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Biting, Pinching & Hair Pulling

Ow! It can come as a shock when your baby pinches, bites or pulls your hair for the first time. What does it mean when your baby hurts you and what can you do?

Angry feelings: 9-12 months

Every child has angry feelings from time to time. Pushing, grabbing or biting is usually just a baby’s way of trying to get something or to find out how something feels or tastes. Sometimes, though, you do see real anger. For example, when you take something away or when your child cannot do something that he wants to do.

When infants show intense negative emotions, it is sometimes hard to tell the difference between anger, fear and discomfort. For example:

  • A 10-month-old who lashes out when dropped off at day care might need reassurance and more time to get used to separation from her parent.
  • Another 10-month-old who uncharacteristically cries and throws everything might just have an earache.
  • Some infants are easily overstimulated and can respond in ways that look aggressive, when in reality they are just overwhelmed or afraid.

Some parents find it hard to accept that their babies have a full range of emotions, positive and negative. For example, when their infants yell or hit out in anger, the parents laugh and say, ‘Isn't that cute. He’s mad’. These parents are uncomfortable with anger in their children, so they make a joke out of it. The babies, seeing their parents laugh, can come to think that their parents actually approve of their angry behaviour.

The key is to accept the emotions for what they are and to set clear limits, even at very early ages, on aggressive behaviour.

You might be tempted to yell, slap or bite back. These actions would only startle your baby. Eventually he would learn to mimic them. He might even try the behaviour again, to see if it will produce the same intense reaction from you.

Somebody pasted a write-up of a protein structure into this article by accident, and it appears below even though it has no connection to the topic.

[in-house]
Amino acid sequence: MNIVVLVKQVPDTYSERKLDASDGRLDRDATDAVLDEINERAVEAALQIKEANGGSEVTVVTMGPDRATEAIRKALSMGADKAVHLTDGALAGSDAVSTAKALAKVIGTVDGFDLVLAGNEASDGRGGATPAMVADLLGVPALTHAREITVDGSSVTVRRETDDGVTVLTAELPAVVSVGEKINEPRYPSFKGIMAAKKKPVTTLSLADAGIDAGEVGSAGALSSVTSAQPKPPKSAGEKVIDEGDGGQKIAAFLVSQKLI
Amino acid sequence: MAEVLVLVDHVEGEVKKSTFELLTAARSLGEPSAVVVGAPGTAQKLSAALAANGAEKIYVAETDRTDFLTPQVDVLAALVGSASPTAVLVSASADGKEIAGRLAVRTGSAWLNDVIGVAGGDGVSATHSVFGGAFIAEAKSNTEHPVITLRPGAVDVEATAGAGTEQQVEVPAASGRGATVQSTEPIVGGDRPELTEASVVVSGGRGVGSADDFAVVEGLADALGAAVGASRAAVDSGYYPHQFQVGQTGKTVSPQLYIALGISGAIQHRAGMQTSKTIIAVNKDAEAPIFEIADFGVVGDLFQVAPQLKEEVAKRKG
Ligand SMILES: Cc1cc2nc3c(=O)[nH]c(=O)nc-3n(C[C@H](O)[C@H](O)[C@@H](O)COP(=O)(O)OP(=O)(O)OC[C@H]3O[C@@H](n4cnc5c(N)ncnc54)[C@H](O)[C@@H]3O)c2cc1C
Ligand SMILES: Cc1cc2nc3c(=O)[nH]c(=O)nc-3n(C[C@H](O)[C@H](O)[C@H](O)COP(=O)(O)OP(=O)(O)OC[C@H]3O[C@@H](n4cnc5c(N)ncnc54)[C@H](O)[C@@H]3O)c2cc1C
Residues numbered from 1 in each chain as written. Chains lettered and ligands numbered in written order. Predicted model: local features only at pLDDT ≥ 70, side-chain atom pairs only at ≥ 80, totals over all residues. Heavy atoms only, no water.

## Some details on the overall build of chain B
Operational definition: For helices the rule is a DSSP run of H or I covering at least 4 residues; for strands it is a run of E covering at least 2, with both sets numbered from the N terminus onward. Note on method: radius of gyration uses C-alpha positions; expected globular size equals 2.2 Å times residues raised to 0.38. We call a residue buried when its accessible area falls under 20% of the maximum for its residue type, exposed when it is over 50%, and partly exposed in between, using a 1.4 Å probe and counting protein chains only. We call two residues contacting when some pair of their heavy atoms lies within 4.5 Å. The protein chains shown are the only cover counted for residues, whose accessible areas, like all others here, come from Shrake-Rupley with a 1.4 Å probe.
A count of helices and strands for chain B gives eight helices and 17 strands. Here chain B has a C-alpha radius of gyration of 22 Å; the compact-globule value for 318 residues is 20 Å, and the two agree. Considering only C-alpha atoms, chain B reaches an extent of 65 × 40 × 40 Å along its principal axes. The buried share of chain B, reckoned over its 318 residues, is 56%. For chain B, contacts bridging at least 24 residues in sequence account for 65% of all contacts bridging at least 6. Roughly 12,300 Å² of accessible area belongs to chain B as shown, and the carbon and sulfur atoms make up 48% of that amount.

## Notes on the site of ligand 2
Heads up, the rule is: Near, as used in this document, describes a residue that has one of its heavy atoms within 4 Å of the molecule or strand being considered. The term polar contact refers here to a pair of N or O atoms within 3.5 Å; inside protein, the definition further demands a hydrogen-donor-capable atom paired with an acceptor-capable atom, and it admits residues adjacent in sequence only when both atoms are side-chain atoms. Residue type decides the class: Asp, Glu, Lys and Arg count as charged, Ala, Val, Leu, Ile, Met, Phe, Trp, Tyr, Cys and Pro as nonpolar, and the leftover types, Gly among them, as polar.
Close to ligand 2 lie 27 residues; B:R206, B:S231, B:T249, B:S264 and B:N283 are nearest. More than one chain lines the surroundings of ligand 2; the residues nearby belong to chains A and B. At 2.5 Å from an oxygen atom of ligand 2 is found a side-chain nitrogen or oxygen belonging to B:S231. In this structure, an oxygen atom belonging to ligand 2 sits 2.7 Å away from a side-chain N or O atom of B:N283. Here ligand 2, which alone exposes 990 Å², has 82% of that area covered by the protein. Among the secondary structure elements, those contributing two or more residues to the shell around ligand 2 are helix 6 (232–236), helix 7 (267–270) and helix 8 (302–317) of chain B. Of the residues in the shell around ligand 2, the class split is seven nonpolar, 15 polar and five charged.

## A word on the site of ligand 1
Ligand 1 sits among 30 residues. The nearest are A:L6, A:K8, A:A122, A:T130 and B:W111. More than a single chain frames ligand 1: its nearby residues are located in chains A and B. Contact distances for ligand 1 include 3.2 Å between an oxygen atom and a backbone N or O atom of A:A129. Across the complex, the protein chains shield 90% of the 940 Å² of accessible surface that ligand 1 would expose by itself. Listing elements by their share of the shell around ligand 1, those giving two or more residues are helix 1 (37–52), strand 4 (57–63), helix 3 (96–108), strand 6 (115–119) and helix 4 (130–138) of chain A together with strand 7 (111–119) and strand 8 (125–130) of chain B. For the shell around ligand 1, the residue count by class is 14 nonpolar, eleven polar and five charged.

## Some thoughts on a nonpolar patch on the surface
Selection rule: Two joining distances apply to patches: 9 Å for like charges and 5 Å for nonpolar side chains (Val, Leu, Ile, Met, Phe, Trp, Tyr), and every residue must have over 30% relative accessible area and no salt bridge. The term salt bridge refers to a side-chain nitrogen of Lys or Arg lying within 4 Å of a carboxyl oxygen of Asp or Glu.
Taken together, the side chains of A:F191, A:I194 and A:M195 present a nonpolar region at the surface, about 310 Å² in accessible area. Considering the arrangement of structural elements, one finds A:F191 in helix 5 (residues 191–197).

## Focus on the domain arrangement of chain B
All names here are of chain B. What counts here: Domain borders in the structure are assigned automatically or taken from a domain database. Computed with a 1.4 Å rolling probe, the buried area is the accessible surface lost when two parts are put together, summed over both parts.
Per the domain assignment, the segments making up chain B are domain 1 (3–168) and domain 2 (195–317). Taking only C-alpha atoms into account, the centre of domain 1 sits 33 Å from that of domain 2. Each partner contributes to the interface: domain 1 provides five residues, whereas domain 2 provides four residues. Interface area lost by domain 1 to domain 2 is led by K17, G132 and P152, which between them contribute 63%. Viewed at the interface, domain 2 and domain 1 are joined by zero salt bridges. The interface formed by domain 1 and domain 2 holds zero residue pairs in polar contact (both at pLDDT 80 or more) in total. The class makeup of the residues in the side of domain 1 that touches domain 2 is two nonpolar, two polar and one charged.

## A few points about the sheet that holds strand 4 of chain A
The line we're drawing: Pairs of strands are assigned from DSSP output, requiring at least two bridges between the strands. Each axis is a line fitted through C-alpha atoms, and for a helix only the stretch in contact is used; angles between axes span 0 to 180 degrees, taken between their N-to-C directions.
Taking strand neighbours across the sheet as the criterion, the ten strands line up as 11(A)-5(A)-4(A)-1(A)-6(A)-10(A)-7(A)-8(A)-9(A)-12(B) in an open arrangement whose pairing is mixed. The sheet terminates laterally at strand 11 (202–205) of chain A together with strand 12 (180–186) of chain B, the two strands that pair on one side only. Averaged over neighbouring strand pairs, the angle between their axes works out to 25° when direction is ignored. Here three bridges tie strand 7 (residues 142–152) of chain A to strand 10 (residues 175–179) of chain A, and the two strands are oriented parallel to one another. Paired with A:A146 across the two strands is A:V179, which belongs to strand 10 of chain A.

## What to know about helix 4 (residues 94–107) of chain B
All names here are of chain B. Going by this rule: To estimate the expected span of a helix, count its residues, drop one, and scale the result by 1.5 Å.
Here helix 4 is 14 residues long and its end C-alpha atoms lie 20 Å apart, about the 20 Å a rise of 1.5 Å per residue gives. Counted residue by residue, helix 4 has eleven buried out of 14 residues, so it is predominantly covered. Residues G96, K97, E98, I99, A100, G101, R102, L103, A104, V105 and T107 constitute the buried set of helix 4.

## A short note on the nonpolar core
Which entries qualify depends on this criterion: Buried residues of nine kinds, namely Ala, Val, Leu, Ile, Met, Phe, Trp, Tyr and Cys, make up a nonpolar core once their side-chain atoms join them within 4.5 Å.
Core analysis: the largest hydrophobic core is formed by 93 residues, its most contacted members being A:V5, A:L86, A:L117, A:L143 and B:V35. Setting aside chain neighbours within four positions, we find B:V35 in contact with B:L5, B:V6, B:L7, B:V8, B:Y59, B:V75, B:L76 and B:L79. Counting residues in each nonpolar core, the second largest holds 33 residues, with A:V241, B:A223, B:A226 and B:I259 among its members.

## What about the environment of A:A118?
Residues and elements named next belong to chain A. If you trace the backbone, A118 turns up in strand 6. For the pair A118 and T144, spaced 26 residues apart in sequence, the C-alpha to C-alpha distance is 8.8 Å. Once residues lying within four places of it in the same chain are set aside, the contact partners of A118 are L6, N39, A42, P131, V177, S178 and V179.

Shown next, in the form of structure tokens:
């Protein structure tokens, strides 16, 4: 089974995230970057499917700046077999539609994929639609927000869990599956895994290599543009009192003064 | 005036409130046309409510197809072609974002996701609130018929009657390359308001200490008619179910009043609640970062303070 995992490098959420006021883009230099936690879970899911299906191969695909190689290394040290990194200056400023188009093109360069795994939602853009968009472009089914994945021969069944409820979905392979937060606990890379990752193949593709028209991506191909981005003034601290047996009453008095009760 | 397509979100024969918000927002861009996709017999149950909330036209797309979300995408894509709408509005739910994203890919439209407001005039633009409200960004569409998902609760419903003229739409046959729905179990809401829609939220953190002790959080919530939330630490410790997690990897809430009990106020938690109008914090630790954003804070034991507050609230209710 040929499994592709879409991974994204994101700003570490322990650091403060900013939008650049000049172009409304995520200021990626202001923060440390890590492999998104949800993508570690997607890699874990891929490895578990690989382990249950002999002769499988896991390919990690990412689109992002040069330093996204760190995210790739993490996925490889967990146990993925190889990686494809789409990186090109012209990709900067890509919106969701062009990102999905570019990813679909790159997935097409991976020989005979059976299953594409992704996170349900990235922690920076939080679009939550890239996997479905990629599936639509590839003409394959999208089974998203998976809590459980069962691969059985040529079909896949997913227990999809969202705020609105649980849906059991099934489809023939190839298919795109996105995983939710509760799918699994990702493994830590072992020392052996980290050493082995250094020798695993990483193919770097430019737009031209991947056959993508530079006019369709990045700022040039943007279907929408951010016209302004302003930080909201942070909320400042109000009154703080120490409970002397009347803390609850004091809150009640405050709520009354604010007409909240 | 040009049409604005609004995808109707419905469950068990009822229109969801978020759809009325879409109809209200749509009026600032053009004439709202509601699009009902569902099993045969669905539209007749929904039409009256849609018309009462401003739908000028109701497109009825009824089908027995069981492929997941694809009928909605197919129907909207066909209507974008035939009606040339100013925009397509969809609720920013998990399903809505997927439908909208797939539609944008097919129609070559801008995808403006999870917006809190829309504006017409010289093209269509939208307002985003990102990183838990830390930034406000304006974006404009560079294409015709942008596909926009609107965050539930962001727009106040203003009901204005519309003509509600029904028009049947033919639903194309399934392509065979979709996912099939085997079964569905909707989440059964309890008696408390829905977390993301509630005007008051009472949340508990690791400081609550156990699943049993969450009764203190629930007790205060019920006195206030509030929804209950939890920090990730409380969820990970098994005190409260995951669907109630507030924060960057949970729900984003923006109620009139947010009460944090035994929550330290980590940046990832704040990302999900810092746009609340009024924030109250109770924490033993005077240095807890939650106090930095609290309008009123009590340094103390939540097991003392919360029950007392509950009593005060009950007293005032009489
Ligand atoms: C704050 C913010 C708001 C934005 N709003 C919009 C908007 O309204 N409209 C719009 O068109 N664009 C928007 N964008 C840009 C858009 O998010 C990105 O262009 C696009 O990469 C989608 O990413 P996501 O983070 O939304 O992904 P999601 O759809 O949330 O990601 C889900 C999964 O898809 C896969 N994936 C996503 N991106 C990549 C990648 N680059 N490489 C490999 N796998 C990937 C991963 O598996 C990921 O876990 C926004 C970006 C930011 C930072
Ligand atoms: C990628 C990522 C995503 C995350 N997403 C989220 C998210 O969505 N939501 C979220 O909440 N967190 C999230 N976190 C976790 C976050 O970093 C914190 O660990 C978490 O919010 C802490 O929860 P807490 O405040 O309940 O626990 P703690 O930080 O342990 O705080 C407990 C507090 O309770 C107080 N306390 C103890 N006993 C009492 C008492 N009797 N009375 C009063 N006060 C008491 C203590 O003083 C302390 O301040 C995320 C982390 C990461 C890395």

Biting a child back doesn’t stop biting. Instead a child is likely to learn by imitation to bite other people.

Use feeling words

When you talk with your baby, use emotional (or feeling) words, such as ‘mad’, ‘scared’ or ‘frustrated’, that seem to describe his state of mind at that moment. Of course, it will take years for those words and concepts to really sink in, but over time, the words you say will have more and more meaning.

Eventually, your baby – at age three or four, sometimes earlier – will be able to use those words to describe and take control of her own feelings.

Use gentle firmness

  • Respond to seemingly aggressive acts – hair pulling, biting, or pinching – with gentle firmness.
  • Unclamp your child’s hand (or mouth) from your arm, say something like ‘No hurting’.
  • If need be, put her down on the floor.
  • Let your expression be serious (no laughing, even if the behaviour seems somehow cute) but not overly shocked.
  • Pick him up soon, before he begins to fuss too much. Be prepared to repeat the whole procedure many times.
  • For assertive, highly intense children, it can take many repetitions before they learn the boundaries of what is acceptable.

When should this behaviour stop?

Even with the best, consistent teaching, toddlers might not stop biting, pinching, or pulling right away. A young child stops pinching momentarily in response to being told ‘no’. In a few moments, though, she might be back at it again. Gradually, there is less and less of the aggressive behaviour.

This is a snippit from the full article by Dr Robert Needleman which can be found at the
Raising Children Network Website